PT III of the Kitchen Chronicles
Cori and I are, by no means, professional chefs. However, we do very much appreciate a good meal. After years of mastering meat and potatoes, I’m actually becoming quite proficient around the kitchen. Of course, the area in which you operate can either allow the seedlings of culinary creativity to blossom, or snuff out any hope of germination resulting in yet another frozen burger on the grill. One key ingredient is the right work surface. The countertop and sink are every bit as vital as the appliances when preparing a meal. How much room do you have to work? Can the sink hold enough dirty dishes so you don’t have to stop halfway through prepping the meal to do them? And when you do get to the dishes, do you have enough room to actually wash them?
There are some gorgeous options out there when it comes to countertops. The natural beauty of stone. The maintenance-free enjoyment of solid surface. There are even some nice colors and styles to choose from in the world of formica. Then there was our countertop. The cream color is actually a blend of several different colors. There are swirls of antique white, ocher, and parchment with whisps of bile yellow and the subtle undertones of a very light mole brown. Over the years, the countertop sagged with age. Thankfully, it sagged in the middle. So when things (eggs, etc.) rolled away from you, at least it rolled to the middle and not off the edge and onto the floor or our feet. With the countertop, came a porcelain overlay double sink. Double the bowls, half the usefulness, as I would say. A couple of plates and a pot, and the sink is stuffed. I guess it did force us to stay on top of the dishes. Like just about everything in this house, the sink and countertop were original. 24 years old. Sinks that age have their own version of osteoporosis. The edges become chipped and flakey and can become quite dangerous. For the life of me, I can’t understand how no one sliced off a finger on those little piranha-like shards when wiping down the counter and sink. No question that this tired old pair had to go the way of Bevis & Butthead. Not really sure why anyone liked them in the first place, but they had a good run. Now just go away.
Please welcome to the makeover party Stacey & Mark Ducharme of Coastal-N-Counters in Mashpee. Their showroom is packed with choices for solid surface countertops. They carry the full line of Corian, SileStone, CeasarStone, and Zodiac. Thank God Stacey was there to walk us through all the options. It’d be a major case of analysis paralysis without her. Actually, she told us what style and color we were getting. We’d had them over for a friendly dinner (also so she could get a look at the space), and she pronounced that “Rosemary” would be our color of Corian.
“Ah, OK…I think we should probably see it first,” we said.
“Don’t worry, you will,” she responded.
Shortly thereafter John O’Rourke & I were broadcasting live from the Cape Cod Life Home Expo. Mark & Stacey had a booth at the expo as they had for the past several years and whadaya know! Their display setup showed off-white cabinets with…wait for it…wait for it…a Rosemary Corian countertop! See, there is a reason Stacey runs the showroom and Mark runs the fabrication shop. She knows what’ll work for people and their kitchens. We were hooked as soon as we saw it. Greens with tans, off-white and a little rust color swirling through the countertop gave it the look of stone. In a word, WOW! People are stunned to learn that our countertops are Corian and not stone. When we’d tell people that we have Corian, some would say, “Oh no,” turning their nose up as if checking the ceiling for cracks, “we prefer stone.” Once they saw it for themselves, it really opened their eyes and levels their noses to the possibilities.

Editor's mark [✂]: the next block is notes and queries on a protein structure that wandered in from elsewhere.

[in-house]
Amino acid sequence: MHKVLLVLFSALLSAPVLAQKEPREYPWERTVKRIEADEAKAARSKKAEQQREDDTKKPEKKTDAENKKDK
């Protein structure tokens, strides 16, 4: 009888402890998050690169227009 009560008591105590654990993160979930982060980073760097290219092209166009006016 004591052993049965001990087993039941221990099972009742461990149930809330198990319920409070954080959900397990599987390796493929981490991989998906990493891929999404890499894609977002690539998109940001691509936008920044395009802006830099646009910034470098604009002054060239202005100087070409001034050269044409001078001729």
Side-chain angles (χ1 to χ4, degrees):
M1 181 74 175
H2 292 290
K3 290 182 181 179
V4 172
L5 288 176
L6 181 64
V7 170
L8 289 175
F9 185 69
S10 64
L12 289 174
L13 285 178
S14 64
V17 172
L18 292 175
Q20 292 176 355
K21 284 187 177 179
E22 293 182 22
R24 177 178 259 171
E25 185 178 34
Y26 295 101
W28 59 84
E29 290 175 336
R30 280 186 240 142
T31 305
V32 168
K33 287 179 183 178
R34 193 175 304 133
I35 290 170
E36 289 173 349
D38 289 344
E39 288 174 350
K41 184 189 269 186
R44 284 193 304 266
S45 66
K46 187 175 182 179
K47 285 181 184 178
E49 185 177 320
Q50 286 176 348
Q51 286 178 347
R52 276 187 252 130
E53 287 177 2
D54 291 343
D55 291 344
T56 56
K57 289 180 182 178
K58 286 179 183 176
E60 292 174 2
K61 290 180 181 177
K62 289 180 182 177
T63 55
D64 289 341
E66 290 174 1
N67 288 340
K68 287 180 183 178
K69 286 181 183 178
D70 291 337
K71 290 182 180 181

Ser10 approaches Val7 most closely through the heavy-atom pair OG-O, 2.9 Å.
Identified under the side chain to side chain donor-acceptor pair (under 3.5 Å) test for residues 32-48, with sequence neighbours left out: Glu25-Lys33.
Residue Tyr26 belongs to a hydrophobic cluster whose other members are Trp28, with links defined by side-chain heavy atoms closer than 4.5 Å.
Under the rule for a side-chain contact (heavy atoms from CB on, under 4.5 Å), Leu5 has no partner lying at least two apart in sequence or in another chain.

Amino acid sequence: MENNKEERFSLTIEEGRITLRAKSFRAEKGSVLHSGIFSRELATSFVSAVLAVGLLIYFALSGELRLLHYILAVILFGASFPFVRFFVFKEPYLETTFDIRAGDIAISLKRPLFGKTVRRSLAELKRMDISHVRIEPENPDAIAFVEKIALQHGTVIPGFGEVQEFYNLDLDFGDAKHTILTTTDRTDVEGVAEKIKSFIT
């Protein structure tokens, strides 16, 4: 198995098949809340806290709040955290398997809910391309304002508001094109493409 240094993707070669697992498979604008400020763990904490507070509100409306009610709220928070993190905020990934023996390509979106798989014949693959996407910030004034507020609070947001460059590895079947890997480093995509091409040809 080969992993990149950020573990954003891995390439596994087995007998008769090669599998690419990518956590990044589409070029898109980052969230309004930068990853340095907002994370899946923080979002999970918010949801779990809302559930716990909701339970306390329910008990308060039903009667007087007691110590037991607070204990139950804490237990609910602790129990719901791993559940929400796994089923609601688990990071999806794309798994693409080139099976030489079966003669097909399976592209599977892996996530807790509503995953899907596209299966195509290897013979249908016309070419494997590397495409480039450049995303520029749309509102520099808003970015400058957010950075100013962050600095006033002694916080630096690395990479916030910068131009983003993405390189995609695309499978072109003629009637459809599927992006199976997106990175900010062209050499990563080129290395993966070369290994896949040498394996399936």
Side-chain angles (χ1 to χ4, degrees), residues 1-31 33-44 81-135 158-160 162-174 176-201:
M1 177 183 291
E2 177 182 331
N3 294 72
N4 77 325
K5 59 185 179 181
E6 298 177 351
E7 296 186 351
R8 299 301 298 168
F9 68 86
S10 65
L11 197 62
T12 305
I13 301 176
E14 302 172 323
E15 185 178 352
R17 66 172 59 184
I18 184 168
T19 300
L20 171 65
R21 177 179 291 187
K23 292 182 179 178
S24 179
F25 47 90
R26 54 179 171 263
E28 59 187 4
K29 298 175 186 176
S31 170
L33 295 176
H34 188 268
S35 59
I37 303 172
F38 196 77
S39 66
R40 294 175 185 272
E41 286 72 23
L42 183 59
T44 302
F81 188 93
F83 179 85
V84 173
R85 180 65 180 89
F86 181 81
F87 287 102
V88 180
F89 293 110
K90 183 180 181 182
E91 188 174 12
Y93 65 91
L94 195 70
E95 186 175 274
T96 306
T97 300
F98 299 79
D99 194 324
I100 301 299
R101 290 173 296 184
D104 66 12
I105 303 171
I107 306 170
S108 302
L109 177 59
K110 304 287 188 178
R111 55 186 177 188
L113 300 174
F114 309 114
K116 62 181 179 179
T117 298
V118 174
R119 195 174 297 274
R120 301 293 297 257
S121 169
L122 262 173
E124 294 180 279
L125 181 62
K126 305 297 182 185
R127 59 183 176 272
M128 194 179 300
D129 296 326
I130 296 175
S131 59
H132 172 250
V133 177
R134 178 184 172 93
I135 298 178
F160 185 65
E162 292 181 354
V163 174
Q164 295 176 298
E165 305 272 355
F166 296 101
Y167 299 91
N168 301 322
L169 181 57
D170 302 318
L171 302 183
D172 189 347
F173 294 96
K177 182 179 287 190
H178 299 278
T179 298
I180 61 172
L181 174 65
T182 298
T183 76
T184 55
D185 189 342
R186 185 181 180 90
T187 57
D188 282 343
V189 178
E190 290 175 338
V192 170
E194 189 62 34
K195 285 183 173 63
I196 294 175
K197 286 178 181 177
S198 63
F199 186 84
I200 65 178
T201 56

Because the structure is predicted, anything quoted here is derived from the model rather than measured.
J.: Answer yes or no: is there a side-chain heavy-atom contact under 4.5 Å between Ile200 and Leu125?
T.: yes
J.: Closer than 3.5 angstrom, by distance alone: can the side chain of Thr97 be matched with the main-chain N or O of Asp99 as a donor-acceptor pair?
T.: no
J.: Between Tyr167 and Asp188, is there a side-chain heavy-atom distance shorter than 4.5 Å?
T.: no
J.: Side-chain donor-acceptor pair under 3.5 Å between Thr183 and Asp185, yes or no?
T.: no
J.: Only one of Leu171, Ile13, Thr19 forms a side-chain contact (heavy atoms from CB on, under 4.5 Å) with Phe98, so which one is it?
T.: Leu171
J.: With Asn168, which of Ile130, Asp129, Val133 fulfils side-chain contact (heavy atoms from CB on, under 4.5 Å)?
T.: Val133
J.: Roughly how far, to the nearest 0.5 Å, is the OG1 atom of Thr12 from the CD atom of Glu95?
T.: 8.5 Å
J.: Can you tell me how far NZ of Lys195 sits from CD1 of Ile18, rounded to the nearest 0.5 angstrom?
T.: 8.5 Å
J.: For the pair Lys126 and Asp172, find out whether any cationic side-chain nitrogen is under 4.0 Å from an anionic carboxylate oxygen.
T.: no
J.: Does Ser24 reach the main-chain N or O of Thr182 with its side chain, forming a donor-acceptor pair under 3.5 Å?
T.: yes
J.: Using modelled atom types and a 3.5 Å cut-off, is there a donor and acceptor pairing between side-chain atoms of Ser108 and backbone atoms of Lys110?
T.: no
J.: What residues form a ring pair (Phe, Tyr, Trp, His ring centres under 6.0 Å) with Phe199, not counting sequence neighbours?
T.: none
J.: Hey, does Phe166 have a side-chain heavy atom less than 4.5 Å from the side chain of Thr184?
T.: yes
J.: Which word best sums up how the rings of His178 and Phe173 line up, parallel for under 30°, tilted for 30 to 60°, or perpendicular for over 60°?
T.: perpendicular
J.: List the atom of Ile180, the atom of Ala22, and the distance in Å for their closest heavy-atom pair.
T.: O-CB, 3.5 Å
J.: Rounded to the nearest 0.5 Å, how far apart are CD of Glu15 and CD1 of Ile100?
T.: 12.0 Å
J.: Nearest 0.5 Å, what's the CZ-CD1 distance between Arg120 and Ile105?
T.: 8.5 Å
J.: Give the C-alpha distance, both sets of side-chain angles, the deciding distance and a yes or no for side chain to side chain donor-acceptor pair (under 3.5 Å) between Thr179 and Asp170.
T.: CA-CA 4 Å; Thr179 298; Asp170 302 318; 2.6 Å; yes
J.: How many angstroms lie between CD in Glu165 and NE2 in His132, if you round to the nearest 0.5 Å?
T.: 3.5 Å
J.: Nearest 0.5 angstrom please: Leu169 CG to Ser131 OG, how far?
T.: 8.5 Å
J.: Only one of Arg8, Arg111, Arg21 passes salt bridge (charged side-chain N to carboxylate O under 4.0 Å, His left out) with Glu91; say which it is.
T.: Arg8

The process is quite simple and surprisingly non-disruptive…usually. Our case was a little different which I’ll explain in a moment. Once we were set on the color and style of countertop, Mark and his partner in crime, Ryan, came over to template the space where the countertop would go. The idea is to take the template back to the shop and fabricate the new top. They would come back a couple of weeks later and install it in one day! They even make arrangements with Spencer Hallett Plumbing and Heating to disconnect the faucet and dishwasher before and reconnect them after the installation is complete. That’s what happens 99% of the time. Then there’s the Egan kitchen. It seems that the builder of our house measured wrong when putting in the counters. They weren’t deep enough. So to solve that little problem, he simply put the backsplash on the wall first and then butted the counter to it. To get an accurate template, Mark and Ryan normally have to take just the backsplash off. Not possible in our case. They had to remove the counter, then the backsplash, then template. The good thing was they had the countertop just about ready to go. Just some final cuts-to-fit and it was ready. So we were without countertops for a night. Boo hoo, we had to go out to eat. Ryan and his brother came back the next day and installed our gorgeous new countertop in just a couple of hours. I connected the faucet and dishwasher and we were back in business.
After the guys left, Cori and I stood there admiring the dramatic new look of our kitchen. I saw the gleam in her eye and the broad smile across her face so again I took my shot.
“You know, this countertop makes the…”
“Don’t even start,” she said through gritted teeth.
So, with nightmarish visions of sanding 17 cabinet doors, five drawer fronts and face frames stomping around in my head, I called Sheldon of Stewart Painting. They say money can’t buy you happiness. I am here to tell you that it can save you from tremendous amounts of misery sometimes, however.